Warning: spoiler alert! This movie is totally worst-explained.
Things I wish I could have written? Kafka’s The Metamorphosis. Thornton Wilder’s The Ides of March. The movie Collossal. Etc., etc. And by-the-buy, I watched Colossal last night via some stupid streaming service and I was pleasantly surprised. On that note, streaming itself isn’t stupid but the greedy nature of how all these streaming services work is stupid. Indeed. Consume to survive: everything is stupid. But I digress.
Although Collossal has a somewhat slow and peculiar start, the first thing I said after the opening scene of a young Korean girl initialising the audience to the Collossal monster, is this: this is movie about woman scorned! Oh how wrong/right I would eventually be. Once the odd, platonic relationship of the two main characters gets going, I even briskly forgot about all my worst-predictions. In fact, this movie is as pleasantly different as The Shape of Water. And to think both these great movies are made by Spaniards. Cool.
In short, Gloria is a young drunk down on her luck living in NYC. After her boyfriend throws her out, she decides to return to her childhood home where she immediately encounters Oscar, supposedly a childhood friend. One of the best parts of writing in this movie is how these two characters are in a relationship but that relationship has nothing to do with romance. What a relief that is, I thought to myself. A film about a man and a woman and it has nothing to do with how/if/when they get it on. Fresh worthwhile movie story telling trick, indeed.
Enter the monster(s) as a literal blast from the past starts to wake up these two from a serious drunken stupor. The whole story evolves around a flashback of what these two people were caught up in as school children. Although Gloria seems to have overcome the majority of that trauma, once she re-enters that old life as a drunk, the past appears out of thin air in the form of Collossal, a Godzilla-like monster. Why the fcuk this monster is destroying a city half a world away as these two #Americant dyfunctionals can’t get their $hit together, is the brief and tantalising mystery the story rides on. It eventually becomes obvious that the monster is some kind a manifestation of Gloria. And just when you figure that out–or are actually shown that she is the monster–it turns out Oscar has one, too. And that’s the gist of what’s really going on between these two. Oscar simply can’t stand being one-upped by Gloria.
The revealing flashback of the movie comes fairly late. Unlike a lot of flashbacks, though, this one doesn’t just reveal the twist of the movie. While walking home from elementary school Gloria and Oscar are carrying school projects. They had to build a model of a city they would like to visit in life. Gloria picked the city of Seoul, South Korea. I didn’t pick up on the city Oscar built–but it’s probably the hometown he’s still stuck in. During their walk home it’s obvious that Gloria won the contest from her class of best built model. When a storm suddenly emerges a gust of win whips Gloria’s Seoul away (pun intended). Oscar jumps a fence to fetch it for her. Thinking that she doesn’t see what’s he doing, Gloria watches Oscar destroy her prized model Seoul replication (more pun?) by stomping on it–like a monster. But then something really weird happens. This is where the twist takes another twist. They are struck by lightening in the storm. Through out the movie Gloria is constantly itching a part of the top of her head where she was struck.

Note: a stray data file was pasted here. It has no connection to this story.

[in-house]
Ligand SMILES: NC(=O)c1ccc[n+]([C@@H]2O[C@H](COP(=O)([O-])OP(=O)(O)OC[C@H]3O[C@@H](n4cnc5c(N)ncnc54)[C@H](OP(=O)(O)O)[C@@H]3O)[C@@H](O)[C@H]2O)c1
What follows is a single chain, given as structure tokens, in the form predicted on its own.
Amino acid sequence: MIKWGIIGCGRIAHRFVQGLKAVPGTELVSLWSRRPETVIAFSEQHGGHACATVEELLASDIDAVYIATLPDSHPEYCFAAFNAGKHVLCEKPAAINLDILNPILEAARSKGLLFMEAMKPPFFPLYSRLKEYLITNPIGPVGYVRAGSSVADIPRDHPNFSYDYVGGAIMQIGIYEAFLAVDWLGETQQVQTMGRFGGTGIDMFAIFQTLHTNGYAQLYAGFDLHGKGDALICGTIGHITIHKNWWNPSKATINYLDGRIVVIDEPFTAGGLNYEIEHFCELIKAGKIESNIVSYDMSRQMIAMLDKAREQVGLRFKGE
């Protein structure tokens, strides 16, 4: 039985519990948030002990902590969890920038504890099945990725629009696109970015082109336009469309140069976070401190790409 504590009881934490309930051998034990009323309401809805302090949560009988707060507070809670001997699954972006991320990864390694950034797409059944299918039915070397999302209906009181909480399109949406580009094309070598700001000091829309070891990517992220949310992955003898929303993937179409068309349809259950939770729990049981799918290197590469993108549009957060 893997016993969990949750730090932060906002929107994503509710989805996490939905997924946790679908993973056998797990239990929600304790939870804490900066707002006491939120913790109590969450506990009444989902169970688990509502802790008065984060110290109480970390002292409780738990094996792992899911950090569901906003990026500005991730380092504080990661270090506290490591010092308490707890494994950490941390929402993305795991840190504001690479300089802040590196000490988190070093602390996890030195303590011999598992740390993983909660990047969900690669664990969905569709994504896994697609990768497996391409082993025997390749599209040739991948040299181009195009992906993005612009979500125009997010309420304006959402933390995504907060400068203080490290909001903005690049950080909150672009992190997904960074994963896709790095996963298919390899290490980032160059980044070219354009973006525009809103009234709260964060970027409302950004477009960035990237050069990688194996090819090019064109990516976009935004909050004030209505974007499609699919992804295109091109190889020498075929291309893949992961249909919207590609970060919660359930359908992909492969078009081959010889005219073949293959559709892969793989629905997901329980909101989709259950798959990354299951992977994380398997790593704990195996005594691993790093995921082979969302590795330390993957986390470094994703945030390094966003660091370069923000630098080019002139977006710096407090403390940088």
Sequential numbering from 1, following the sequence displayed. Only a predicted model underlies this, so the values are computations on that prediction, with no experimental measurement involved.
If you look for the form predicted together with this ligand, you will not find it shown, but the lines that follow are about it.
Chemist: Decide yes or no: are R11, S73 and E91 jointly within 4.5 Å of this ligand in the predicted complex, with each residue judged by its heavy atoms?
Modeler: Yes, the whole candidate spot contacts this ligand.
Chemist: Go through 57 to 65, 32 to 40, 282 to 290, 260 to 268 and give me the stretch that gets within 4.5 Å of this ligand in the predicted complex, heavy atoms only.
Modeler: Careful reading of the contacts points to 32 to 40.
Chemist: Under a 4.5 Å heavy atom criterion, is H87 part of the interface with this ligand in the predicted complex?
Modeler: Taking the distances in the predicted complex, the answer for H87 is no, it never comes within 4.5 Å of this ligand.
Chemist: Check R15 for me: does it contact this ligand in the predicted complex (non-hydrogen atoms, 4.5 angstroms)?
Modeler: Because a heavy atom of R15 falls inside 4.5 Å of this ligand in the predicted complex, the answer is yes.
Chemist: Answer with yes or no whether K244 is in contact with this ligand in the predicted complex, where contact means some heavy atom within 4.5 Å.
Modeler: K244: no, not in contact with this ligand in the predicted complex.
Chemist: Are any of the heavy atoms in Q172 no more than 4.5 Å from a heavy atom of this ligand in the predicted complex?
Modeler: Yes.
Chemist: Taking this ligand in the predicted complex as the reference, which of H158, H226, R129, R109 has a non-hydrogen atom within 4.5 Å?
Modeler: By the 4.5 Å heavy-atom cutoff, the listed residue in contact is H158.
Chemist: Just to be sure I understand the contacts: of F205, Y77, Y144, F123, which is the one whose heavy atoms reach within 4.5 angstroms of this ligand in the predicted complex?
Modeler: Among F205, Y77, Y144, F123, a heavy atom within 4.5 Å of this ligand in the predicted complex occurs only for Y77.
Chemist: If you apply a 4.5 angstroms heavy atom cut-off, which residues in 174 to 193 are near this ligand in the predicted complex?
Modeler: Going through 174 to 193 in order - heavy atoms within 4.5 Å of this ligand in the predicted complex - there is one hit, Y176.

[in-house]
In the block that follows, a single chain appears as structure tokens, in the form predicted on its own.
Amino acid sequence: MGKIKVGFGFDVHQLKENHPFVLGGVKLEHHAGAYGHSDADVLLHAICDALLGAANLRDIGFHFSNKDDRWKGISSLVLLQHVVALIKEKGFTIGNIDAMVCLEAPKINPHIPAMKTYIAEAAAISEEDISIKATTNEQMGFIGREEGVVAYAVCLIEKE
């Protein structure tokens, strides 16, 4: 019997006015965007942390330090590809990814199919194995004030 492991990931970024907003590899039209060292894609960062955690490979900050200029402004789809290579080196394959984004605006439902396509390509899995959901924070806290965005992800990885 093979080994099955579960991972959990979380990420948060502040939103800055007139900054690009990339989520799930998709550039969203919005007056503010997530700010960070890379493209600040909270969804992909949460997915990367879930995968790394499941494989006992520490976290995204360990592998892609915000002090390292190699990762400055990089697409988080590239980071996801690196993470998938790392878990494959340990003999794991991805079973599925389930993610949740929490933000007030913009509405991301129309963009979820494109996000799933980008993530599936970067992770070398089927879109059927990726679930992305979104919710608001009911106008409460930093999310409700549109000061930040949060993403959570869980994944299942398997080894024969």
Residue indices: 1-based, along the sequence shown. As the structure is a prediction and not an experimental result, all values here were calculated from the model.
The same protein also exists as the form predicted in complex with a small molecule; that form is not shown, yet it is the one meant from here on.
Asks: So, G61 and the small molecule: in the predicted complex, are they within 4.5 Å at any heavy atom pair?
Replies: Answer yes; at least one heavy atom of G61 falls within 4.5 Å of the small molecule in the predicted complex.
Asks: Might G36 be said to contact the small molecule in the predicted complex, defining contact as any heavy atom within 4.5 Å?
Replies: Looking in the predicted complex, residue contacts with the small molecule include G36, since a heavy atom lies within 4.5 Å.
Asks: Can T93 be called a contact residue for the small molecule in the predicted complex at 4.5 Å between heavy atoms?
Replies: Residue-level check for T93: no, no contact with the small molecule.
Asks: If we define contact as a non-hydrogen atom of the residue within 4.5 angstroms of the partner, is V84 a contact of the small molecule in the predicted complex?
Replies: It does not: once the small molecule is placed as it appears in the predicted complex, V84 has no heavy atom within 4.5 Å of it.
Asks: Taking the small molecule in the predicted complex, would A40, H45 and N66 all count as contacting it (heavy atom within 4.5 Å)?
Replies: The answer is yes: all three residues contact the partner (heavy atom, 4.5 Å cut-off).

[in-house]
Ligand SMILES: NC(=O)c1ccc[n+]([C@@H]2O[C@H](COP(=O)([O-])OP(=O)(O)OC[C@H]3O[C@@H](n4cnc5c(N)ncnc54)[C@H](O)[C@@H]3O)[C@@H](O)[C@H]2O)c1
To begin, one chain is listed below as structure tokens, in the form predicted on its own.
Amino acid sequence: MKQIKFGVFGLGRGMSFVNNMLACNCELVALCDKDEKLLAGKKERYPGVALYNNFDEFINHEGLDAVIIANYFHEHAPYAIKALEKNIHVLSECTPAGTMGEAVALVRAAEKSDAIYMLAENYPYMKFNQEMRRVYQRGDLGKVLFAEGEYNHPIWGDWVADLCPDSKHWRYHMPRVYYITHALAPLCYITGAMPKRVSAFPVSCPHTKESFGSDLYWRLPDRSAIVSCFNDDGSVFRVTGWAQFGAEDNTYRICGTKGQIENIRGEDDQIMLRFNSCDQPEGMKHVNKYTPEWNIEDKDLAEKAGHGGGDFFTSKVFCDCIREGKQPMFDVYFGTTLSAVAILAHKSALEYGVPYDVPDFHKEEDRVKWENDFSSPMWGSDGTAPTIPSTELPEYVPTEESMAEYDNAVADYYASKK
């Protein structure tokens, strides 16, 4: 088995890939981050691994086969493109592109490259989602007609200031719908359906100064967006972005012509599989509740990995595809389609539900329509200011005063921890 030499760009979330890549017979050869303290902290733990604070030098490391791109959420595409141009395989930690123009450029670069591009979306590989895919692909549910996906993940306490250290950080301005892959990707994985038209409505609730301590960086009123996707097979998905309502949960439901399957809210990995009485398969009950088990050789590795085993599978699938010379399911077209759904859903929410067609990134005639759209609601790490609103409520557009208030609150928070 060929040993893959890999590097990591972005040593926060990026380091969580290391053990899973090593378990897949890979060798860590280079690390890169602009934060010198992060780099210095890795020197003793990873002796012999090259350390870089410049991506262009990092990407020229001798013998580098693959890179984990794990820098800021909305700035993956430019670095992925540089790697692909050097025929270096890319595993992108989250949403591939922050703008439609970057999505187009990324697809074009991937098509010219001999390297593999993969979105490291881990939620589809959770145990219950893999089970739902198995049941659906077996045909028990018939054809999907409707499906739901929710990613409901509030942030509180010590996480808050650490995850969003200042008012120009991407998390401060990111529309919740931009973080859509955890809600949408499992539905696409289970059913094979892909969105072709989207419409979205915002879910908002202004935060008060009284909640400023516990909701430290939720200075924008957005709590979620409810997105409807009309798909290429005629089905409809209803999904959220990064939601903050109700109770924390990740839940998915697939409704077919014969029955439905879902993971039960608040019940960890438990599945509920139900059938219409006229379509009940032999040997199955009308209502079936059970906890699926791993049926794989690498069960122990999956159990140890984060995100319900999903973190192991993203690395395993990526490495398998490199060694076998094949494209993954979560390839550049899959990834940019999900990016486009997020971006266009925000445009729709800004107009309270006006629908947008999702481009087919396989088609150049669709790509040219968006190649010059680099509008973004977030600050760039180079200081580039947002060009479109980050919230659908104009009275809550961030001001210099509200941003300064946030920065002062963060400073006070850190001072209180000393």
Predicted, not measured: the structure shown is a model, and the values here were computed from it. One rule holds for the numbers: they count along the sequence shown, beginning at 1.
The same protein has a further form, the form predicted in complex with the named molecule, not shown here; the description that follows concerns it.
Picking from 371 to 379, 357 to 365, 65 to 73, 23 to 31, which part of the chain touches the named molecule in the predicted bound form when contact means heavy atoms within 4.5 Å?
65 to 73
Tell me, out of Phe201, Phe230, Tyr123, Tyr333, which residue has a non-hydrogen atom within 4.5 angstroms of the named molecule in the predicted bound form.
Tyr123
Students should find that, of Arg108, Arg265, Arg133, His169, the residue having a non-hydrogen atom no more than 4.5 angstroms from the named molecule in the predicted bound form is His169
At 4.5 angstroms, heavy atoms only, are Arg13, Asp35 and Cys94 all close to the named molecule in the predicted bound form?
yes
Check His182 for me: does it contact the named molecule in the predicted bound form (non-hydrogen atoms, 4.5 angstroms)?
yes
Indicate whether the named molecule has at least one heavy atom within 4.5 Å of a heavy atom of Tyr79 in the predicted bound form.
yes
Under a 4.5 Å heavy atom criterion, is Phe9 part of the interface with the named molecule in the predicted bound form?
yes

Although it’s not very clear in the writing, worst-writer’s guess is the lightening strike probably ingrained this event into their psyche. Because of it, Oscar grew up hating himself (which she actually claims of him when they have a final confrontation) for the cruelty that has been part of him since that stormy day. Gloria is just a hurt child drowning her sorrows in drink. Gloria then realises to end their conflict all she has to do is continue going forward in life–like she did by leaving this small town and going to NYC. She also realises that she has to stop being a drunk–which brought her back to this mess in the first place. Oh. And to finally deal with Oscar, she also has to get rid of his monster. In order to do that, she comes-of-age, stops drinking and gets on a plane and travels to Seoul. Although Oscar has threatened her that this time she won’t leave him and his cruelty, when she does leave he continues to ravage (her) Seoul. In the actual city of Seoul, South Korea, Gloria finally confront Oscar by proving that at least she can leave that krappy town, stop drinking, move on. She one-ups Oscar one last time. End.
All in all, a great film. It’s a smart film, too. What a relief a movie like this is in these days of blockbuster boredom and moronic comic book characters galore. Although at times it has some odd, indecisive scenes, especially in the beginning and while the relationships are being developed among Oscars friends in her hometown, Hathaway and her character are brilliant. There is a bit of heavy-handed misogyny in the form of serious boy on girl ass-whipping during the last fight scene between the two, but it fit their relationship and it didn’t go over-board–which I’m sure would have been the case if Harvey Weinstein had produced this film. On the other hand, I’m not sure this movie could be part of the #metoo movement. Ok. Maybe that’s not applicable at all. Nomatter. In the end this is a movie about a woman, the consequence of her actions and the sometimes brutal nature of human behaviour–especially male behaviour. The way she deals with it all sometimes took my breath away. At the least I’m not a Hathaway skeptic like I used to be. She can act her way around my screen any day–as long as she does a smart movie like this. Well done!